One final word of warning to US tech CEOs: if China is looking to close the gap on technology capabilities, be prepared for a new deluge of cyber-espionage attempts focused on stealing IP. Innovation may be the first of Xi’s “five major concepts of development”, but that hasn’t stopped the nation pilfering in epic quantities in the past to gain parity with the West.
“It’s impossible for most countries, if not all, to be self-sufficient in all tech components,” claimed Forrester’s Dai. “One chip relates to many different hardware and software components. It requires continuous investments which are hard to realise in the short-term.”
That may be so, but bet against China at your peril. If any country has the resources and now the determination to do it, it’s the Middle Kingdom.
Donald Trump made some questionable remarks this week that have rightly caused an almighty backlash. But one thing he did that may have more support, is sign an executive memorandum which will most likely lead to a lengthy investigation into alleged widespread Chinese theft of US IP. This is a big deal in Silicon Valley and something that has irked US business in general for years.
The question is, will this latest strategy actually result in any concrete changes on the Chinese side? As you can see from this new IDG Connect piece, I’m not convinced.
Years of theft
There are few things Democrats and Republicans agree on, but one is that China has had things far too long its own way when it comes to trade. The US trade deficit between the countries grew to $310 billion last year, helped by the growing dominance of Chinese businesses. Many of these have been able to accelerate their growth and maturation thanks to IP either stolen by hackers from US counterparts or take via forced joint ventures and tech transfers. Many of them are selling back into the US or their huge domestic market, undercutting American rivals.
Chinese firms don’t have the same restrictions around forced JVs and tech transfers to enter the US market. In fact, the likes of Baidu even have Silicon Valley R&D centres where they’re able to recruit some of the brightest locals, while government-backed VC firms have been funding start-ups to continue the seemingly relentless one-way IP transfer.
There are, of course, more nuances to the dynamic, but you get the point.
So, will this investigation get us anywhere? After all, it will empower the President to take unilateral action including sanctions and trade embargoes. Well, on the one hand, little gain can be made from stopping Chinese IP hackers, as they have stopped outright theft ever since a landmark Obama-Xi deal in 2015, according to FireEye Chief Intelligence Strategist, Christopher Porter.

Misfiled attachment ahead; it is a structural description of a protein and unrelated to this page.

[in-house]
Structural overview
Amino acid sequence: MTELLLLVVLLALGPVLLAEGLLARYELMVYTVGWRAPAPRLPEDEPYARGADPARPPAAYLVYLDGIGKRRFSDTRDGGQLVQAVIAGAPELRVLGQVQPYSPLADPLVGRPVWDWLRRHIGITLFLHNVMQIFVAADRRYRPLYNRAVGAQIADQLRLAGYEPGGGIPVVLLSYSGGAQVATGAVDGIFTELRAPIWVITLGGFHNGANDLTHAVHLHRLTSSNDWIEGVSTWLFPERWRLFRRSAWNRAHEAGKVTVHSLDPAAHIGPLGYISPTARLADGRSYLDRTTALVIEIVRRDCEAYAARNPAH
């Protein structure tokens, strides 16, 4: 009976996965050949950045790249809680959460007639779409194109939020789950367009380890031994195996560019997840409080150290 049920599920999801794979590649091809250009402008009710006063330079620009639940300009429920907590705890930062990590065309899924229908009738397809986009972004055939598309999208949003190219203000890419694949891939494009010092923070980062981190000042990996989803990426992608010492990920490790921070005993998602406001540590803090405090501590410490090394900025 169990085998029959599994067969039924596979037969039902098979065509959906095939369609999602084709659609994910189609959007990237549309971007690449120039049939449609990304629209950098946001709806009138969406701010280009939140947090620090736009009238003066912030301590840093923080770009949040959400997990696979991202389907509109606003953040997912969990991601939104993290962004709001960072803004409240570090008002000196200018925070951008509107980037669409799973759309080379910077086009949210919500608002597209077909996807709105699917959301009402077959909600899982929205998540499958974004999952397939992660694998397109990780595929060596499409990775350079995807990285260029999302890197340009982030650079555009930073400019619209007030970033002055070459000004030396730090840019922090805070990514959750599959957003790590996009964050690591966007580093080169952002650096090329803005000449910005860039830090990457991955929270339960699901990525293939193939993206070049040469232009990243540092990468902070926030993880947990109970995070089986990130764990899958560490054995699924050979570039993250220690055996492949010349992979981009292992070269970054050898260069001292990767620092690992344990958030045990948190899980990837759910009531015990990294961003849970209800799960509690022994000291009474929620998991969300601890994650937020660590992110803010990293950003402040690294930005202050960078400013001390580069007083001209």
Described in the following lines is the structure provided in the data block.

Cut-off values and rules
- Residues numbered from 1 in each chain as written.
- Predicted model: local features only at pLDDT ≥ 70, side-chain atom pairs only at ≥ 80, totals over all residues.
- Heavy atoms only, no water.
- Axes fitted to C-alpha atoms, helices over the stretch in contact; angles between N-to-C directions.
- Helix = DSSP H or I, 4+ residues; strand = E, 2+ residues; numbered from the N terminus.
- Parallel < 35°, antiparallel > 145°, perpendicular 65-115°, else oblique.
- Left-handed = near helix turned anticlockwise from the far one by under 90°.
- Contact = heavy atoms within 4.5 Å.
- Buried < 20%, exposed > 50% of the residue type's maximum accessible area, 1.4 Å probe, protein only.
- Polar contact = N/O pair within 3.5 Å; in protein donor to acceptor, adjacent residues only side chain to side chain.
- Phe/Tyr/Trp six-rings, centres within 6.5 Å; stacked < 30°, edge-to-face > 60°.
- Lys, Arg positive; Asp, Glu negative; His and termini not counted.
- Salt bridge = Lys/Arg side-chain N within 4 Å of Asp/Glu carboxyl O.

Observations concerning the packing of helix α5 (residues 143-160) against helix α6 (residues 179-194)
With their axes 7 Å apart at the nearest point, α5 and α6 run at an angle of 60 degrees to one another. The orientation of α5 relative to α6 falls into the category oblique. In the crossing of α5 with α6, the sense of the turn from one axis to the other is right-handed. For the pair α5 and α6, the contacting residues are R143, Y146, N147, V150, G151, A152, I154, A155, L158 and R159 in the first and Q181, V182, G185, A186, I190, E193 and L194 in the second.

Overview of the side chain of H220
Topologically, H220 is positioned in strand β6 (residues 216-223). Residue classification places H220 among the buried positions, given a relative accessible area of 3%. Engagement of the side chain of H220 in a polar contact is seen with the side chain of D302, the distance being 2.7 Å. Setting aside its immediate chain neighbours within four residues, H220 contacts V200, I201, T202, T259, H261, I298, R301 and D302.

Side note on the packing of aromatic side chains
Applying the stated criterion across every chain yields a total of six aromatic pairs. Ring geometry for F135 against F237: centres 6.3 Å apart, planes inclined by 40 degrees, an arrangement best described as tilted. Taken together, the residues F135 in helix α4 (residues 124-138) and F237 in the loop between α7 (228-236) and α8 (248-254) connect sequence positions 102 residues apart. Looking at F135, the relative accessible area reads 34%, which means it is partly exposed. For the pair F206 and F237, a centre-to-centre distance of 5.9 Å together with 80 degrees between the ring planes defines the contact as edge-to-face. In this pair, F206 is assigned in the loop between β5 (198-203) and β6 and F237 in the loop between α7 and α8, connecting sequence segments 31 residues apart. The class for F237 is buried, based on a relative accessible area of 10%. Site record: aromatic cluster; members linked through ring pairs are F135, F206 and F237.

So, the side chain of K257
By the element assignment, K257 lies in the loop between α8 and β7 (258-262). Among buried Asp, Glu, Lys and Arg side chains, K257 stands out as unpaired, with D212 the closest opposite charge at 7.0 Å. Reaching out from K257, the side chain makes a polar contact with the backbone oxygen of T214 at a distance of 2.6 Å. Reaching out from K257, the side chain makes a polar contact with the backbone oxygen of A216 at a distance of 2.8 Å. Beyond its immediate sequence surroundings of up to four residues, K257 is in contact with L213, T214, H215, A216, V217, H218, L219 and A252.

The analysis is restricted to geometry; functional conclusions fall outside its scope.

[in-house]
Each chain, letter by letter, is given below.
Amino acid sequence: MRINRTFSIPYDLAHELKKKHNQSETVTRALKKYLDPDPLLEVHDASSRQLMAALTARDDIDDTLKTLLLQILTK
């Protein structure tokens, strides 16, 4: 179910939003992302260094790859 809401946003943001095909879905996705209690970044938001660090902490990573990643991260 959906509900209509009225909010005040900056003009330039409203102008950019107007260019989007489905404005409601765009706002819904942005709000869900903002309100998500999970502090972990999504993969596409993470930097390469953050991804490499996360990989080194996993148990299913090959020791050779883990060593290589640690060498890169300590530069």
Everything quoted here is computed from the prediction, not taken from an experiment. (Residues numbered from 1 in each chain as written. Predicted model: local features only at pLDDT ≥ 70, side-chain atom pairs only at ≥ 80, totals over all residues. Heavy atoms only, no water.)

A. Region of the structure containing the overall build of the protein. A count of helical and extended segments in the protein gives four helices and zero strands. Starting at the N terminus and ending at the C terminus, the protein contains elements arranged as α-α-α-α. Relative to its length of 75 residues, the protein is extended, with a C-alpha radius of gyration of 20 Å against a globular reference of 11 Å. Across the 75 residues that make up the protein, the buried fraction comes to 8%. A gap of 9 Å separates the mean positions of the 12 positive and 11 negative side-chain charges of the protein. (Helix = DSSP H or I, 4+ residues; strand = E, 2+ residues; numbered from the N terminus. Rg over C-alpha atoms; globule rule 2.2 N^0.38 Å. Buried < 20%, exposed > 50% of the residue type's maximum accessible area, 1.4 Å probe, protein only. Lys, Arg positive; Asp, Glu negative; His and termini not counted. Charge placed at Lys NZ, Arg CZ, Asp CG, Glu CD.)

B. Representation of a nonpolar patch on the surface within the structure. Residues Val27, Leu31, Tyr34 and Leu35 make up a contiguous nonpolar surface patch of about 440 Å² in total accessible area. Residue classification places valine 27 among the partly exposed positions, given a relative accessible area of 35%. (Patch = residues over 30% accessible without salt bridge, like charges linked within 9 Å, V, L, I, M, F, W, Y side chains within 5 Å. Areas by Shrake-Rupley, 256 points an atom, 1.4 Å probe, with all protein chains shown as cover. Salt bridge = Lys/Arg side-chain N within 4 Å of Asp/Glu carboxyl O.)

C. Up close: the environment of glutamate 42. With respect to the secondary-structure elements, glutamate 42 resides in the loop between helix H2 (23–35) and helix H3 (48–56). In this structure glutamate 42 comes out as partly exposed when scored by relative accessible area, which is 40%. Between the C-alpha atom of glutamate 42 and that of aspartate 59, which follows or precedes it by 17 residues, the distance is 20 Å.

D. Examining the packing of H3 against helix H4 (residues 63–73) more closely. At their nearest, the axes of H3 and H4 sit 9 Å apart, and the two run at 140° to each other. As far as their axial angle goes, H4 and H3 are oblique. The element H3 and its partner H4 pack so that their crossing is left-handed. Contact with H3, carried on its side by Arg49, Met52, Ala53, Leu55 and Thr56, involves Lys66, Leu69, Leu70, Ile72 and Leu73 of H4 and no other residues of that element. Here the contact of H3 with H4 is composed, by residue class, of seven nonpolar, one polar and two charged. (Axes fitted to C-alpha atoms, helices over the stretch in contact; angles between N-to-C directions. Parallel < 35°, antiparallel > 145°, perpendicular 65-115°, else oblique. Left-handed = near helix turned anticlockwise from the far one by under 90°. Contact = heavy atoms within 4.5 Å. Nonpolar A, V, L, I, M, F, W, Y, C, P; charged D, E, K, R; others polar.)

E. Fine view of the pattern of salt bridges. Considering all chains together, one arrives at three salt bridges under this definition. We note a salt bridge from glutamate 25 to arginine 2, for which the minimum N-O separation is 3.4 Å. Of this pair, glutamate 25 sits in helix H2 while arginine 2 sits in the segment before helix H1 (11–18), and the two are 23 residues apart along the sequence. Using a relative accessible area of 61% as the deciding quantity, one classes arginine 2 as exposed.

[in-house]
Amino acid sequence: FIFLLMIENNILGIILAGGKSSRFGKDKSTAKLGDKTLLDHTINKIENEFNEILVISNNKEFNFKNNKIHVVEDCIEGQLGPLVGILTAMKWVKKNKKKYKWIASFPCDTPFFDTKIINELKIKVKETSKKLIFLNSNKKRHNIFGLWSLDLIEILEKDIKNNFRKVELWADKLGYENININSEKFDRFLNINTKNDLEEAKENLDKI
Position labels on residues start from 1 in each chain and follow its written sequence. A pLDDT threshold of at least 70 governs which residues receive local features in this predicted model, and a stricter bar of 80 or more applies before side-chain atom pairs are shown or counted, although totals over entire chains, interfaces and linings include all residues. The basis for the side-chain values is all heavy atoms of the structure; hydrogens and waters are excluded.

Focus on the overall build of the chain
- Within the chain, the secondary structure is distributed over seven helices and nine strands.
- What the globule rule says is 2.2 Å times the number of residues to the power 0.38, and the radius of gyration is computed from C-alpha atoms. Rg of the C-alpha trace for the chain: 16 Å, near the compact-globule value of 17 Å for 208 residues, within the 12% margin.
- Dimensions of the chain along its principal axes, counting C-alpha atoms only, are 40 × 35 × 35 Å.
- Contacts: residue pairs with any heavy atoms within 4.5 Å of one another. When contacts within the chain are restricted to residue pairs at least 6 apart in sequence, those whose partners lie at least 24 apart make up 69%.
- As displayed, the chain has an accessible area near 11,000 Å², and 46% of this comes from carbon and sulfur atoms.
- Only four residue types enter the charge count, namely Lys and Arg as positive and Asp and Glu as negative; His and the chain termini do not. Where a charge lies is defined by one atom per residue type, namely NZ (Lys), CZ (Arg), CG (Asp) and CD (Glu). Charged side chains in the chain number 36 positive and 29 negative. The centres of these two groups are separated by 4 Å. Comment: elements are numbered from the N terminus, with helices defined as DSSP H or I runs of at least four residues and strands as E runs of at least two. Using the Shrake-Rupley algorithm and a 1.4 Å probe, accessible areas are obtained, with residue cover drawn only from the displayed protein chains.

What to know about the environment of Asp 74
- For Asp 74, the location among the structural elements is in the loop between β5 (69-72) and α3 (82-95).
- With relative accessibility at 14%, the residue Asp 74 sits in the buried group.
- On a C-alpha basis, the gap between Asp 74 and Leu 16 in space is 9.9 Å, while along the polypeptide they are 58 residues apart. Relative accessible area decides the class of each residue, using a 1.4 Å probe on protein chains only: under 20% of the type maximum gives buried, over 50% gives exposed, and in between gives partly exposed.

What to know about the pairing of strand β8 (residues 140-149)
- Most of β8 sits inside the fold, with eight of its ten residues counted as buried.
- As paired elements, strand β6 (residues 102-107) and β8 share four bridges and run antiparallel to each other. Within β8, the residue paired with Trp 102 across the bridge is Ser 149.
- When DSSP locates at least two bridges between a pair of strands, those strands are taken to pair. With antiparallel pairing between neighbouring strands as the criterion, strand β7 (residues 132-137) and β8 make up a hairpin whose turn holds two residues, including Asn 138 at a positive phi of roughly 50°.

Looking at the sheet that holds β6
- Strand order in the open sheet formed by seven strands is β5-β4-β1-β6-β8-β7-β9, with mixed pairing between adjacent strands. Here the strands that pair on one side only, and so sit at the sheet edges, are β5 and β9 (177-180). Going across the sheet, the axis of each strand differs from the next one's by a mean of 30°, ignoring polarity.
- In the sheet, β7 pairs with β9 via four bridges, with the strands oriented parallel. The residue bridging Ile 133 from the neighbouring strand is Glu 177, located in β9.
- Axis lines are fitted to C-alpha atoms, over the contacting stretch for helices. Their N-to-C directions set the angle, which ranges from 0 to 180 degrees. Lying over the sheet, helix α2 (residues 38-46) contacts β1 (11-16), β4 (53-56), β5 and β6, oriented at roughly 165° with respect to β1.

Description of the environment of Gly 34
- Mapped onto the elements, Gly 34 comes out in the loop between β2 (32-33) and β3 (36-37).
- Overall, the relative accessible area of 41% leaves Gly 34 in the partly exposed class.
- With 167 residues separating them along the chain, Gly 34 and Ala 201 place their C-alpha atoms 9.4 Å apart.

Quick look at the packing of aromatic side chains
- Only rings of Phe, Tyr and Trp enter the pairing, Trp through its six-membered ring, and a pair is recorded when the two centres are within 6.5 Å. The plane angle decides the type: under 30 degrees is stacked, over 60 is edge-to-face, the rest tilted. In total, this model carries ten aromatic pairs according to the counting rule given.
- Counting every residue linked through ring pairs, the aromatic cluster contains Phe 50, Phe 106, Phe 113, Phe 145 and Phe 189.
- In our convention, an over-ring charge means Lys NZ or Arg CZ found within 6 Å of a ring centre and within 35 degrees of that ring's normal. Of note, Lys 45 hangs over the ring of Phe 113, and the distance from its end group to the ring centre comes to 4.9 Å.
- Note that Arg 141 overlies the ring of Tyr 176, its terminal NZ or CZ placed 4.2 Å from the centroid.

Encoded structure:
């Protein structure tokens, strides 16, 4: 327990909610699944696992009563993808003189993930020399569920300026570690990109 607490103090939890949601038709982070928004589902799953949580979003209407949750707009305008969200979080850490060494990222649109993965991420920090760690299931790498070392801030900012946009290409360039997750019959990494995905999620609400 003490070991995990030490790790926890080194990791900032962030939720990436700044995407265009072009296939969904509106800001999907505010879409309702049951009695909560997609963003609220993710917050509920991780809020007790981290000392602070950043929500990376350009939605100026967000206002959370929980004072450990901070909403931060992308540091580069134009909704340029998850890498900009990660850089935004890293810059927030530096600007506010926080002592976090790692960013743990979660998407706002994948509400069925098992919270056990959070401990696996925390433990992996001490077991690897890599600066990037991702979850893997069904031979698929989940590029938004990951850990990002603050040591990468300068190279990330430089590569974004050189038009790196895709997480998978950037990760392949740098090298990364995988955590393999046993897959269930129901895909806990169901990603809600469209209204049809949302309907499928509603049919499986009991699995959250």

“If anything, discontinuing straightforward theft of intellectual property for strictly commercial purposes has freed up Chinese actors to focus more on these other targets than ever before, so the risk to companies before and after the Xi Agreement depends heavily on what industry that company is in and what sort of customer data they collect,” he told me via email.
That’s not to say the Chinese aren’t still active in cyberspace, but it’s less around IP theft, which is the focus of this investigation, Porter added.
“We have seen an increase in cyber threat activity that could be Chinese groups collecting competitive business intelligence on US firms selling their products and services globally—several companies that were targets of proposed M&A activity from would-be Chinese parent companies were also victims of Chinese cyber threat activity within the previous year, suggesting that they may have been targeted as part of the M&A process to give the Chinese company a leg-up in negotiations,” he explained.
Which leaves us with JVs and tech transfers, which have provided Chinese companies with vital “know-how” and “know-why” over the years. To my mind, if there’s any area where the US can and should focus its diplomatic and negotiating efforts, it’s here. However, as reports in the past have highlighted, it took China years to construct a gargantuan, highly sophisticated tech transfer apparatus, and it won’t be looking to bin that anytime soon, especially with the Party’s ambitious Made in China 2025 strategy now in full swing.
Neither side will want to become embroiled in a trade war. The US has too many companies which count China as a major market – it’s Apple’s largest outside the US, for example – and Chinese firms are doing very well selling into the US, as that huge trade deficit highlights.
In the end, my suspicion is that this is just another bit of Trump tough talk which will actually produce very little.
“This long-awaited intervention should also probably be viewed in the larger picture of the way the Trump administration operates: in terms of ‘carrot and stick diplomacy’,” Trend Micro European Cyber Security Strategist, Simon Edwards, told me.
“It is also well documented that the US administration is trying to use trade deals to get action on the situation in North Korea; and perhaps this is more of a stick to be used with the accompanying ‘carrot’ of a greater trade deals?”
Time will tell, but it’s unlikely that US tech companies operating in China, and their global customers, will be any better off after this latest test.